Holy streams, rivers, lakes and seas exhibition - 2014
Holy streams, rivers, lakes and seas
Temporary exhibition in the library of the Cathedral Library of Kalocsa
„Áldott légy Urunk, Víz-Húgunkért, oly nagyon hasznos ő, oly drága, tiszta és alázatos.”
(Szent Ferenc Naphimnuszából)
Water is the source of life, an essential and mysterious element. Earth, air, fire and water – in ancient times it was believed that these four elements make up our world. Earth’s surface is covered by two-thirds of water. This is the fluid that carries the embryo, the egg cell of all development and growth. This is the basic constituent of all organic materials and it is vital for all living things: humans, animals and plants alike. Its existence provides growth and its absence causes death and destruction.
This year in the 18th century baroque Patachich room of the Cathedral Library of Kalocsa a temporary exhibition opened: Holy streams, rivers, lakes and seas. Visitors can learn about the crucial role of water in human life, history, the development of great cultures and civilizations and its rich symbolism of the various religions through thematically placed documents.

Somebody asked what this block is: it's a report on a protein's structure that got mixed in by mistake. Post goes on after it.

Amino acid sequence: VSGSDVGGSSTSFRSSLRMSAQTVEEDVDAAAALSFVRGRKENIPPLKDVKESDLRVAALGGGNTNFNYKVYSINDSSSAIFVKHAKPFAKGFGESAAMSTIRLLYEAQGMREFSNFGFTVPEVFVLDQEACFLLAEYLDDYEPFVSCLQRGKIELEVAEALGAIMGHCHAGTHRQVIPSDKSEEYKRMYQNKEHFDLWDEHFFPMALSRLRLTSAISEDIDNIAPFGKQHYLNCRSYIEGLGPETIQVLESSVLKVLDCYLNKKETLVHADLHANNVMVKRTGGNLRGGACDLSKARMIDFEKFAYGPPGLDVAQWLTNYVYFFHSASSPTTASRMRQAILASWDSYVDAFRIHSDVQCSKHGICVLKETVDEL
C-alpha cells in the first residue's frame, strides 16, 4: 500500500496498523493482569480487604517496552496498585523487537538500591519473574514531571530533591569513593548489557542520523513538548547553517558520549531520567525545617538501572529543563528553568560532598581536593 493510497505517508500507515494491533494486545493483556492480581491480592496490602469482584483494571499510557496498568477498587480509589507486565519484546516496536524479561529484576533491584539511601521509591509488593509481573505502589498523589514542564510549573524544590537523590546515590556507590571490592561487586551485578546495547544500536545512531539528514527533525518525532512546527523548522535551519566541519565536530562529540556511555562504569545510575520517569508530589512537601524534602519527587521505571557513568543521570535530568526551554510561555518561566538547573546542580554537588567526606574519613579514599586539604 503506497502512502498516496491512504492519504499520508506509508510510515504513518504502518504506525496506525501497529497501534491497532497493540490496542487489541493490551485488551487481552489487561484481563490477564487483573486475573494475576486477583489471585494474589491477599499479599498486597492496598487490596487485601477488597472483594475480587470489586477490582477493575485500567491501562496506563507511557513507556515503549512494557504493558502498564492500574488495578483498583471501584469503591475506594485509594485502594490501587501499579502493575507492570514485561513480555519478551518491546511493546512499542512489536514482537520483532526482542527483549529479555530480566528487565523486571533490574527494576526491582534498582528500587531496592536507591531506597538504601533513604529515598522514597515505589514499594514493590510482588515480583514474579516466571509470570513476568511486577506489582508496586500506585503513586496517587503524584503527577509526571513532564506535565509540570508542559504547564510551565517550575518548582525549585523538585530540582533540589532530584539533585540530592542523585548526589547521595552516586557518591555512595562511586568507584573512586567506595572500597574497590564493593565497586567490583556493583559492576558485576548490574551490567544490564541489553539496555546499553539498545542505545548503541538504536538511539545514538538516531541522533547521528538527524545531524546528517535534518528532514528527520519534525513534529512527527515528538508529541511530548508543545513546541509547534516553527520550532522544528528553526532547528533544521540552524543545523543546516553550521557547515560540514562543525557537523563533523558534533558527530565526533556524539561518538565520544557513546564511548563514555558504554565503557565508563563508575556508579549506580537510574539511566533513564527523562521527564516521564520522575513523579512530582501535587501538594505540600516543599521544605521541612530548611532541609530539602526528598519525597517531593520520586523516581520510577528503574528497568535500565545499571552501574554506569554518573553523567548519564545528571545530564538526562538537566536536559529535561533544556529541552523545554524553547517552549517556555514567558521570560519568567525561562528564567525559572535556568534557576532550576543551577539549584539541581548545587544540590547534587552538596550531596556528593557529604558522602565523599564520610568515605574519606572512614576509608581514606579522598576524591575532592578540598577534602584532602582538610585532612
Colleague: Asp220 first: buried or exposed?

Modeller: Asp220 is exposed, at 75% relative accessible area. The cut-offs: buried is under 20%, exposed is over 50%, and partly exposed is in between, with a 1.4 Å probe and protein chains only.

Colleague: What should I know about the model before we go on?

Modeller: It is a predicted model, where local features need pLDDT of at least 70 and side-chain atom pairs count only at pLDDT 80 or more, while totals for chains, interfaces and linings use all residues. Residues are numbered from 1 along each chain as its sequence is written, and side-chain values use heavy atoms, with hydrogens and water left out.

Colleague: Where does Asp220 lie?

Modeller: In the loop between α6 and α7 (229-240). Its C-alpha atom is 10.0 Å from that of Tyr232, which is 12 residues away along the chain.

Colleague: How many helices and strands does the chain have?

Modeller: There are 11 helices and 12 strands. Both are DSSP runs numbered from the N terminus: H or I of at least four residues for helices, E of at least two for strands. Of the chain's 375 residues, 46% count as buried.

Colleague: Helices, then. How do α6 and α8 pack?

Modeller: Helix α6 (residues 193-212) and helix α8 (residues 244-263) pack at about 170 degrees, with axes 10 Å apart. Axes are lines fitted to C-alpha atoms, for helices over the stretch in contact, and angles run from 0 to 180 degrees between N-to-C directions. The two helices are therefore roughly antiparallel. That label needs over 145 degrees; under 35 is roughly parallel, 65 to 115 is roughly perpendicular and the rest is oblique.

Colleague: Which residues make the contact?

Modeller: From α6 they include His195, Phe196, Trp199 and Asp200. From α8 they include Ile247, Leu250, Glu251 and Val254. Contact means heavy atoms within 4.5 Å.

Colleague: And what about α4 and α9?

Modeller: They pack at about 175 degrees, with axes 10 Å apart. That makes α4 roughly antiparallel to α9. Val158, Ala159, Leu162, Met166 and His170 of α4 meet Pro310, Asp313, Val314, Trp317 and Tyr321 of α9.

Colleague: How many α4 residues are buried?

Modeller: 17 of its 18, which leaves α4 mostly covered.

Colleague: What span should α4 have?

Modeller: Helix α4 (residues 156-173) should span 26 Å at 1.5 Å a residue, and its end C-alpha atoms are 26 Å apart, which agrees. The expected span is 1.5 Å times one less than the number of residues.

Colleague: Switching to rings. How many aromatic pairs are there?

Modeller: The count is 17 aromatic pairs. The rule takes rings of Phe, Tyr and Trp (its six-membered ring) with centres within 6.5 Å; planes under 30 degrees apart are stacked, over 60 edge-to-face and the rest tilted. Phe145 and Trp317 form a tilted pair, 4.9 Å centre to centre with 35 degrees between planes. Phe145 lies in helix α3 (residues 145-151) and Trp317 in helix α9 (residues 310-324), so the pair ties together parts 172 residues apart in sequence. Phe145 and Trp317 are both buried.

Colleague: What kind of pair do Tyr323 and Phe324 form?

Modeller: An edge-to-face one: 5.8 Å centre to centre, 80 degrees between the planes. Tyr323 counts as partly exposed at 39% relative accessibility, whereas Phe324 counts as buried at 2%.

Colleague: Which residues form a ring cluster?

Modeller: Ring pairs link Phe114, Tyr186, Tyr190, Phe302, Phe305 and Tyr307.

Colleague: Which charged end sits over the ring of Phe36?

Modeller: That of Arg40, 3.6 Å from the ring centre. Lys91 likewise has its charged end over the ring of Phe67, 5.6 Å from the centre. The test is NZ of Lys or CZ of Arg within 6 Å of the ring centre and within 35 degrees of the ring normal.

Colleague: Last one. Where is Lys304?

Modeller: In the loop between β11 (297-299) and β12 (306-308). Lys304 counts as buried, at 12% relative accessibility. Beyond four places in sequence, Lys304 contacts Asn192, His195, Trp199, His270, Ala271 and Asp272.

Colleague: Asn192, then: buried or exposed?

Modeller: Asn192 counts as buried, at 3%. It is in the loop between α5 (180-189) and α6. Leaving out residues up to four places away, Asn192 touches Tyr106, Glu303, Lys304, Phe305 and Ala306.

We can read about ancient water in the Account of Creation. In the dawn of creation the spirit of God hovered over the waters and made it the source of all assets. The focus of Prehistory is one of the most popular short stories of the Bible, the story of the flood. In the biblical story of the Genesis Flood water signifies life, purgation, recreation and transcendence from the Red Sea crossing and the baptism of Jesus to the episode of foot-washing. On the 15-16th century illustrations exhibited the Bible’s stories come to life illustrated with pictures, including the 1541 Wittenberg edition of Martin Luther’s translation of the Bible and the 1493 World Chronicle of Hartmann Schedel doctor from Nuremberg.
A medieval representation of the six-day long Account of Creation can be seen in a 13th century French parchment Code. The Genesis Flood and an etching of Noah’s Ark in a small rhymed bible summary decorated with the etching of Hans Holbein were created in 1543 in Lyon.